July 6, 2010

A Scenic Challenge

I finished gluing the roadbed pieces to their risers for the hidden track that runs behind Brooke to Aquia Harbor. Using Atlas code 148 flex track I soldered three lengths together and loosely installed them in position. (I forgot what a pain flex track can be to work with especially on tight curves. It weren't  for thousands of spikes to hand lay, I'd never use flex track again).

The first photo shows the tight spacing of the return track compared to the visible track at Brooke. I think the best scenic treatment is a cut through a hillside allowing the upper track to be hidden. The yellow lines show the approximate alignment of the terrain for the future cut. The additional challenge will be to make this section removable for maintenance.

This photo at the right shows the transition between the Atlas Flex Track and the hand laid section as it enters the closet. The 30 inch inter-rail track curve template helped get everything lined up. I still need to fashion transition pieces to allow the code 148 and code 100  rail sections to line up both at the top of the rails and laterally. The tie heights worked out to be about the same, so I'll need to add ties to the wood sections and sand them on an gradual incline (vertical easement)  to allow the tops of the rails to line up.

Eventually this scene will be hidden by a tunnel portal.  I will use the portal at Crozet as my prototype inspiration. The photo at the left shows an HO version of the tunnel portal that I cut with my laser cutter. There will not be a tunnel at the Aquia side of the hidden track. The hole in the wall will be disguised by a warehouse structures.

 The US Mail also delivered us a surprise - the solid wood hull from my Bluejacket 1/48th scale Smuggler kit minus the section below the water line. My brother Rob in Florida took it home with him last week to cut on his Inca band saw to make it a waterline model. He did a great job as the cut is quite smooth and perfectly level. He hand planed the base to smooth it out and to make it flat using a Stanely no. 5 Jack plane at first and then a custom made infill smoothing plane.  He also eliminated the carving stubs that were on the ends of the hull. The smooth bottom makes the machine carved sides and deck of the hull look quite crude in comparison. Here the model hull is sitting on the infamous Minwax water surface at Aquia.  Finishing this ship will be a fun project for next year.

4 comments:

  1. Another option to hid the back track would be a half/backdrop with trees painted on it and half trees in front and over the top of the back track. With your painting skills you would have no trouble blending the colors in the two back drops. I plan to use this to hid a tagging yard on my planned layout extension.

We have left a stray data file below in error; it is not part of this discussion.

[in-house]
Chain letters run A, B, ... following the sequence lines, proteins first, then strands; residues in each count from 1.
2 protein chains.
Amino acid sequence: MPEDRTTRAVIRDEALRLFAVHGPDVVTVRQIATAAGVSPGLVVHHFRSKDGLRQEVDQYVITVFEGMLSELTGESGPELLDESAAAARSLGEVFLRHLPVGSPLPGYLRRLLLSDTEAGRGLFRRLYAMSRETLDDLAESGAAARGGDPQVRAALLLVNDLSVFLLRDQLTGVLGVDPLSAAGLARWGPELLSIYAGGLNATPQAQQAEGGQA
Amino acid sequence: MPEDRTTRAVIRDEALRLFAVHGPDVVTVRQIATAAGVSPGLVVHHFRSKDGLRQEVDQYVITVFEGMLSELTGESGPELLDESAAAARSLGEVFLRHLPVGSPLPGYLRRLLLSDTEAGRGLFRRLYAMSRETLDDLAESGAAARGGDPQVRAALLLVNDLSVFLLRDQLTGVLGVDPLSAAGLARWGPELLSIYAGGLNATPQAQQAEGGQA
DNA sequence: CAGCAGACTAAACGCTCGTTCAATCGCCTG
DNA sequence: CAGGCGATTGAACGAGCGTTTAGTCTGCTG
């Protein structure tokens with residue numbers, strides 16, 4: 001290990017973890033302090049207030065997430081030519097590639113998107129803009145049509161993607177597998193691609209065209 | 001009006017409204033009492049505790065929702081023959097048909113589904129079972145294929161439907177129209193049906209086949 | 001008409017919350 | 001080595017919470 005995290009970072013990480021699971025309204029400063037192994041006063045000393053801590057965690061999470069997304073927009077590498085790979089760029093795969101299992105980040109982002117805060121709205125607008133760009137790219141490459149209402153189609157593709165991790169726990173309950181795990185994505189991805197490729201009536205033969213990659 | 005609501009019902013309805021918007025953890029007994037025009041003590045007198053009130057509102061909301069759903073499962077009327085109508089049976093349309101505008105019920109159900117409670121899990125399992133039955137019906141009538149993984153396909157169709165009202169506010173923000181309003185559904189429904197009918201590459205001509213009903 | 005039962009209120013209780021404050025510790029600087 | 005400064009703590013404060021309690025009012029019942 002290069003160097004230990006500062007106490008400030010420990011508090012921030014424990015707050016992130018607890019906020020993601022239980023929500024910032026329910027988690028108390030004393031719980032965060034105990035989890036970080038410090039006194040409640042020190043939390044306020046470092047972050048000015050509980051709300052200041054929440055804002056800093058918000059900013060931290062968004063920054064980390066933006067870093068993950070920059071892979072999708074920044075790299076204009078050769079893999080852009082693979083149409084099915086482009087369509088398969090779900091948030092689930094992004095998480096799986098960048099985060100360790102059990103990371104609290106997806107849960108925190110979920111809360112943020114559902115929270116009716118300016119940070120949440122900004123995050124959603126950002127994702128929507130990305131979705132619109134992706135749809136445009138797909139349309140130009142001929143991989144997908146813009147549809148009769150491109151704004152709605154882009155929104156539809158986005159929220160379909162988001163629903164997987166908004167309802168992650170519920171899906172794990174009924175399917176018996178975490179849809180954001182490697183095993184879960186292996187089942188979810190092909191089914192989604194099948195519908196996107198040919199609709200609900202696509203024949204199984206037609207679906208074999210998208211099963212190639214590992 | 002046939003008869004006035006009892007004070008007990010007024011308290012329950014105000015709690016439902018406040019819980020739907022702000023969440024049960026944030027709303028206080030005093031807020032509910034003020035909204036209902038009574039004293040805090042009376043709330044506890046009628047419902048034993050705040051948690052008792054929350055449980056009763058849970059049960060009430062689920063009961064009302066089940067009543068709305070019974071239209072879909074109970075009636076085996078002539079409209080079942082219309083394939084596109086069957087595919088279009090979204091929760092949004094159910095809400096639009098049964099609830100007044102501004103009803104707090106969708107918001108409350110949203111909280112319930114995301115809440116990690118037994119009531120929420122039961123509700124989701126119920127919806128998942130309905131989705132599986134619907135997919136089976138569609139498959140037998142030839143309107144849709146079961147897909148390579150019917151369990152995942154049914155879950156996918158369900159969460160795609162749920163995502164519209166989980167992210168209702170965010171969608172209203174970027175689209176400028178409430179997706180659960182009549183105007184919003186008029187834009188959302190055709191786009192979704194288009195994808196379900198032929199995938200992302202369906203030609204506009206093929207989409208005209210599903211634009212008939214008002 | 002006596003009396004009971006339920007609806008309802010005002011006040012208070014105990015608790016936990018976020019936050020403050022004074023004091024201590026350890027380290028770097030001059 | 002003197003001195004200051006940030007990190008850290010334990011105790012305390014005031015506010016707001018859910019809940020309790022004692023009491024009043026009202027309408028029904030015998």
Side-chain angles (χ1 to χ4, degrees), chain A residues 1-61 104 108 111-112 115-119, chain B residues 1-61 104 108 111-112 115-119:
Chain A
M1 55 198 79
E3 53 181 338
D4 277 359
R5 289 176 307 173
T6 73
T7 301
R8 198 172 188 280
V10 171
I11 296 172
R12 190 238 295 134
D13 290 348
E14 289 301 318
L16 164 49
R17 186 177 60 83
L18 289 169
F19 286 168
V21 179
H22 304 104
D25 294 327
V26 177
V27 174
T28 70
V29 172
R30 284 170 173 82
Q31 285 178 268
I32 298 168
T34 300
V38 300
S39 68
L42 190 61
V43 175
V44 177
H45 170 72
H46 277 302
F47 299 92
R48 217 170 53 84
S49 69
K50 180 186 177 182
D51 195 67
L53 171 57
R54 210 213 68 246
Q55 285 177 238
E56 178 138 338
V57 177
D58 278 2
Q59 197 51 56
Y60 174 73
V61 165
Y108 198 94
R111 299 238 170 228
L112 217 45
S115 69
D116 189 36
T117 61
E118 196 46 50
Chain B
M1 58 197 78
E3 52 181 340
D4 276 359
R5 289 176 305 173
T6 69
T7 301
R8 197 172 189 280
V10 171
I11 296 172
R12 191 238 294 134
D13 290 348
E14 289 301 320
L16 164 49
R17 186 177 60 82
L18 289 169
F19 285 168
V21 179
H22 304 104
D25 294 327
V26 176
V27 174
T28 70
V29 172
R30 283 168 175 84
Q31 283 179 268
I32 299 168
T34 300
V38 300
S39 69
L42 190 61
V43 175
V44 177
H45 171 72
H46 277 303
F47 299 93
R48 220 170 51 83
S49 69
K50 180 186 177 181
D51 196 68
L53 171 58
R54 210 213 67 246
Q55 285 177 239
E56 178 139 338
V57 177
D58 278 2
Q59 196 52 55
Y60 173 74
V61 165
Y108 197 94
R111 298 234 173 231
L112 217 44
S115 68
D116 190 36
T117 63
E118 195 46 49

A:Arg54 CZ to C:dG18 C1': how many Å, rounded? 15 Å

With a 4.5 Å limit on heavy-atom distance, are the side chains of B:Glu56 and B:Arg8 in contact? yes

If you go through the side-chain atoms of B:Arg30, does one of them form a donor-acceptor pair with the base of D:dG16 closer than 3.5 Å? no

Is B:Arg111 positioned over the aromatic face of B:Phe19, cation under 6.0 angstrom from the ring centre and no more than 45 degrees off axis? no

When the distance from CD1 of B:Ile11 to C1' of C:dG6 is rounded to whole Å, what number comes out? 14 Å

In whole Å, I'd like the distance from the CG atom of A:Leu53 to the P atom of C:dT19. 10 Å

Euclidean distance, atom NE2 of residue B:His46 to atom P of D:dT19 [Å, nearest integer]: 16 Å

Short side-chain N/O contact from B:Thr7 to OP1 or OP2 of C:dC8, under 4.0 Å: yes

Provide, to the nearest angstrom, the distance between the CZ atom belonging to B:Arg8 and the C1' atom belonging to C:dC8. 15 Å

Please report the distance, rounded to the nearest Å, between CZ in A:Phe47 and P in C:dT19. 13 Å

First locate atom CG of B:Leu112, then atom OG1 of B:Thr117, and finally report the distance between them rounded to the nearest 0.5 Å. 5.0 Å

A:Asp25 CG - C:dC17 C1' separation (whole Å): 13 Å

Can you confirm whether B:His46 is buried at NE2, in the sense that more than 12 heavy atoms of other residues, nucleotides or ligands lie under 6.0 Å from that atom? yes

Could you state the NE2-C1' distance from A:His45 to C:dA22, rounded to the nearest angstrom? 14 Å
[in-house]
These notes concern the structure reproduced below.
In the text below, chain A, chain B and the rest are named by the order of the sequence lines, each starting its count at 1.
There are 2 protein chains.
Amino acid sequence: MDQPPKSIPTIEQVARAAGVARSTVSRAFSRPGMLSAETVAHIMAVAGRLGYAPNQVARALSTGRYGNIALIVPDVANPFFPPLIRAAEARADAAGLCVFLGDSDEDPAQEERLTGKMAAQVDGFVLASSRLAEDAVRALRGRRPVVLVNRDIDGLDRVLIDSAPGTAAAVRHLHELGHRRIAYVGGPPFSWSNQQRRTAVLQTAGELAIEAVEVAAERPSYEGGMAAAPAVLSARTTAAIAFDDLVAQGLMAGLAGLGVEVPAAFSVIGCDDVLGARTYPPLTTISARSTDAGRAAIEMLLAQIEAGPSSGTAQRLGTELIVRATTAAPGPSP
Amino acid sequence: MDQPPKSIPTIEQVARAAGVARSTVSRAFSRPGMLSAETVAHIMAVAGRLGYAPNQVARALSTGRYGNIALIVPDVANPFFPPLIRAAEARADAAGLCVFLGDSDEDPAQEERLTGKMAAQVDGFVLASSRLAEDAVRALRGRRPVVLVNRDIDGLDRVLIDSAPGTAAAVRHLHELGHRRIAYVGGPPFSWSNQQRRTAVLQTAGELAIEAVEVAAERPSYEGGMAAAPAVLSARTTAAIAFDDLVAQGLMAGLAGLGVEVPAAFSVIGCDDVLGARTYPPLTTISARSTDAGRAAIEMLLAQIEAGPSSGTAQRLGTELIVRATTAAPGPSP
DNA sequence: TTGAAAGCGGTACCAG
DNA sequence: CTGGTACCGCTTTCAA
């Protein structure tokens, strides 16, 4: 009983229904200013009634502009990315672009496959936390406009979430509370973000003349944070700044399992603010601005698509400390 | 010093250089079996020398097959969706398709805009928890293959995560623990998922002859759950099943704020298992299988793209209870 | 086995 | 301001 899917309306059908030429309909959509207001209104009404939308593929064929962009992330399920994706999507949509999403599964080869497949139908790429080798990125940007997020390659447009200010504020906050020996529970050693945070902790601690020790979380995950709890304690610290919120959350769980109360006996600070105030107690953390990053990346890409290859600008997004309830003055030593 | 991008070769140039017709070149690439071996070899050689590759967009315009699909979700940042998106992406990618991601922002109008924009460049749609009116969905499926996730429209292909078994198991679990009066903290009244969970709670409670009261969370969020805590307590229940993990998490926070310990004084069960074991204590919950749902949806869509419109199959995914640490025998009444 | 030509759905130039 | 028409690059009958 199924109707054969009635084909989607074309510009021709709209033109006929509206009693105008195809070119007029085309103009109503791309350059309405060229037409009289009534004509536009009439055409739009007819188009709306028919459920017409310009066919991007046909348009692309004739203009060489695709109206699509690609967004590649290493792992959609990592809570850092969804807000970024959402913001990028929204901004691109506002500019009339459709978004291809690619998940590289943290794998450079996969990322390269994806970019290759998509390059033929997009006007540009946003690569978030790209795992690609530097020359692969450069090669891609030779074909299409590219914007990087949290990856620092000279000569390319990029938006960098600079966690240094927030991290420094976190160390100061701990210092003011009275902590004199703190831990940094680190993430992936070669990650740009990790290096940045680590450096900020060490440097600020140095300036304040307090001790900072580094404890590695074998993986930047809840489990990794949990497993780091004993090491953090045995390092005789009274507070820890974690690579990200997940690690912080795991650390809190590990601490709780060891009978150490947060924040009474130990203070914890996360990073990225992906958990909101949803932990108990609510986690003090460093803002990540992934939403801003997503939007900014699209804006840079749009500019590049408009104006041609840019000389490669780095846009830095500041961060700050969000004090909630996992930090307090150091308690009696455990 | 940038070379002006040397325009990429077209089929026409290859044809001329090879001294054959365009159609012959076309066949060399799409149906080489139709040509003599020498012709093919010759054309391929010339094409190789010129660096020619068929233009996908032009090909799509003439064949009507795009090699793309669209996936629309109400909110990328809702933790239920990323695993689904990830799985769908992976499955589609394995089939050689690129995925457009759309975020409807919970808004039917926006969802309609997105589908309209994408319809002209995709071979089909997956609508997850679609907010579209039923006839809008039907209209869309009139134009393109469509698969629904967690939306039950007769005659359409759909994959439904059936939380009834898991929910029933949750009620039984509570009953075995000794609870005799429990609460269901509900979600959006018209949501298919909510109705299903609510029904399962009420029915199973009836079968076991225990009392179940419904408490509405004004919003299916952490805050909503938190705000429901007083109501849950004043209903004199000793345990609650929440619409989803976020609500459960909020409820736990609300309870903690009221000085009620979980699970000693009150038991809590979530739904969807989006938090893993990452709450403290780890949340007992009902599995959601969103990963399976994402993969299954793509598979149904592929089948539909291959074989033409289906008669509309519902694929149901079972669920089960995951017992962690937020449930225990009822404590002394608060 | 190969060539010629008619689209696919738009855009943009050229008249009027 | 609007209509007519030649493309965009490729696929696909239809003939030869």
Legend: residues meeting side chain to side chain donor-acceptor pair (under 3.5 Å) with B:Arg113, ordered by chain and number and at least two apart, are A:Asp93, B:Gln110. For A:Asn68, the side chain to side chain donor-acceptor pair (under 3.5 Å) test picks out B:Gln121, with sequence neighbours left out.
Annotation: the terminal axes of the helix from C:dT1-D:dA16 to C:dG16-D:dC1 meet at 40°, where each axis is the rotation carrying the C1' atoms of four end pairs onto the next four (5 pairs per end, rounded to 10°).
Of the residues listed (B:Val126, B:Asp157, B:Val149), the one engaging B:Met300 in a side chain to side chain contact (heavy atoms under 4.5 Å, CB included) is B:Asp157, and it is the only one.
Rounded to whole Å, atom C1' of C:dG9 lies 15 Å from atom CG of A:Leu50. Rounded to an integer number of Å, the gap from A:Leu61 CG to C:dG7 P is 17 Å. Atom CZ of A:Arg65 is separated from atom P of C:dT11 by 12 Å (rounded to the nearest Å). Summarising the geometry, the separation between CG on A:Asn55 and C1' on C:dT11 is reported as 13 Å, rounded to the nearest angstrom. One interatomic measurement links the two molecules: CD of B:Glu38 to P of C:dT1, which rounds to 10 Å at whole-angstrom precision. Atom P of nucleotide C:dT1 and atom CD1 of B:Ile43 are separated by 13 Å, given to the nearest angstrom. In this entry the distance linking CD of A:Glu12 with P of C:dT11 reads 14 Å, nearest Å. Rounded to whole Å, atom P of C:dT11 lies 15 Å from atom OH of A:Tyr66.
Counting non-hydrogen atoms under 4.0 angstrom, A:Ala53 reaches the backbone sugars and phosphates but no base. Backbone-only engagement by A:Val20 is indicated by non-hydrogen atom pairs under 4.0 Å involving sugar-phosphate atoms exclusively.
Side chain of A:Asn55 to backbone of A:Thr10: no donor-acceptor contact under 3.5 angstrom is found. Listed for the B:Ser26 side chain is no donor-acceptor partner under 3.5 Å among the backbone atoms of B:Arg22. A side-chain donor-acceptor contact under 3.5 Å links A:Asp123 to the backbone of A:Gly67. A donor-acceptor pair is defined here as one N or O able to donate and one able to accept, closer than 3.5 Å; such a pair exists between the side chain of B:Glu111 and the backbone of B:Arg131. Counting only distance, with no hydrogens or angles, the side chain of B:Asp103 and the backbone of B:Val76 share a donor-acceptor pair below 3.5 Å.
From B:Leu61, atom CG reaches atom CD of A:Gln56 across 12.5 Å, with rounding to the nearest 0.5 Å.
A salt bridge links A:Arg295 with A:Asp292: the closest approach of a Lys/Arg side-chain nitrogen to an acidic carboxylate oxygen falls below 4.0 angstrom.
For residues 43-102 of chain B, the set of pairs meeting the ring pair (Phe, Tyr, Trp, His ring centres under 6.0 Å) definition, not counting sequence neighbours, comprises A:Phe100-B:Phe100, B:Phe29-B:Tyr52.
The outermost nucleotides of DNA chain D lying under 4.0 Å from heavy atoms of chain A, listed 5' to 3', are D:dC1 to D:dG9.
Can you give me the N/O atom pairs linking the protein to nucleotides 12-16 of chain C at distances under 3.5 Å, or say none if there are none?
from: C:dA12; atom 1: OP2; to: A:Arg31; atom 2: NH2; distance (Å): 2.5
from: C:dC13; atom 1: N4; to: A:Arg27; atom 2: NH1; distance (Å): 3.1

Bob Harris

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  2. I looked at something like you suggest and mocked it up The problem is that O Scale holes in the wall are so big it's hard to disguise them. The curve also makes it difficult to hide the back on any horizon board from different angles. Thats why I am electing to go with a ridge covering the track.

    One good thing is that one can reach through the hole in the wall from the closet to access about 3 feet of track. SO the removable section only has to be for the inaccessible part near the bump out.

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  3. After viewing the photo of the area you are modeling that you posted on the railroad line forums and seeing that you have no forest to work with I see my idea would not work for you.

    Bob Harris

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  4. You raise a good point. In the time of the civil war, northern Virginia was largely deforested. The wilderness area outside Fredericksburg was unusual because it was still heavily forested.

    Not only was the land deforested, but much of it was over farmed. By the turn of the 20th century many farms had suffered extensive erosion and were abandoned. Prince William Forest National Park is an example of land that was abandoned and taken over by the US Government and made into a National Forest. Now is is a thick thriving forest again.

    The problem was even more pronounced when soldiers camped in one location for prolonged periods as they chopped down trees for firewood, winter quarters and fortifications.

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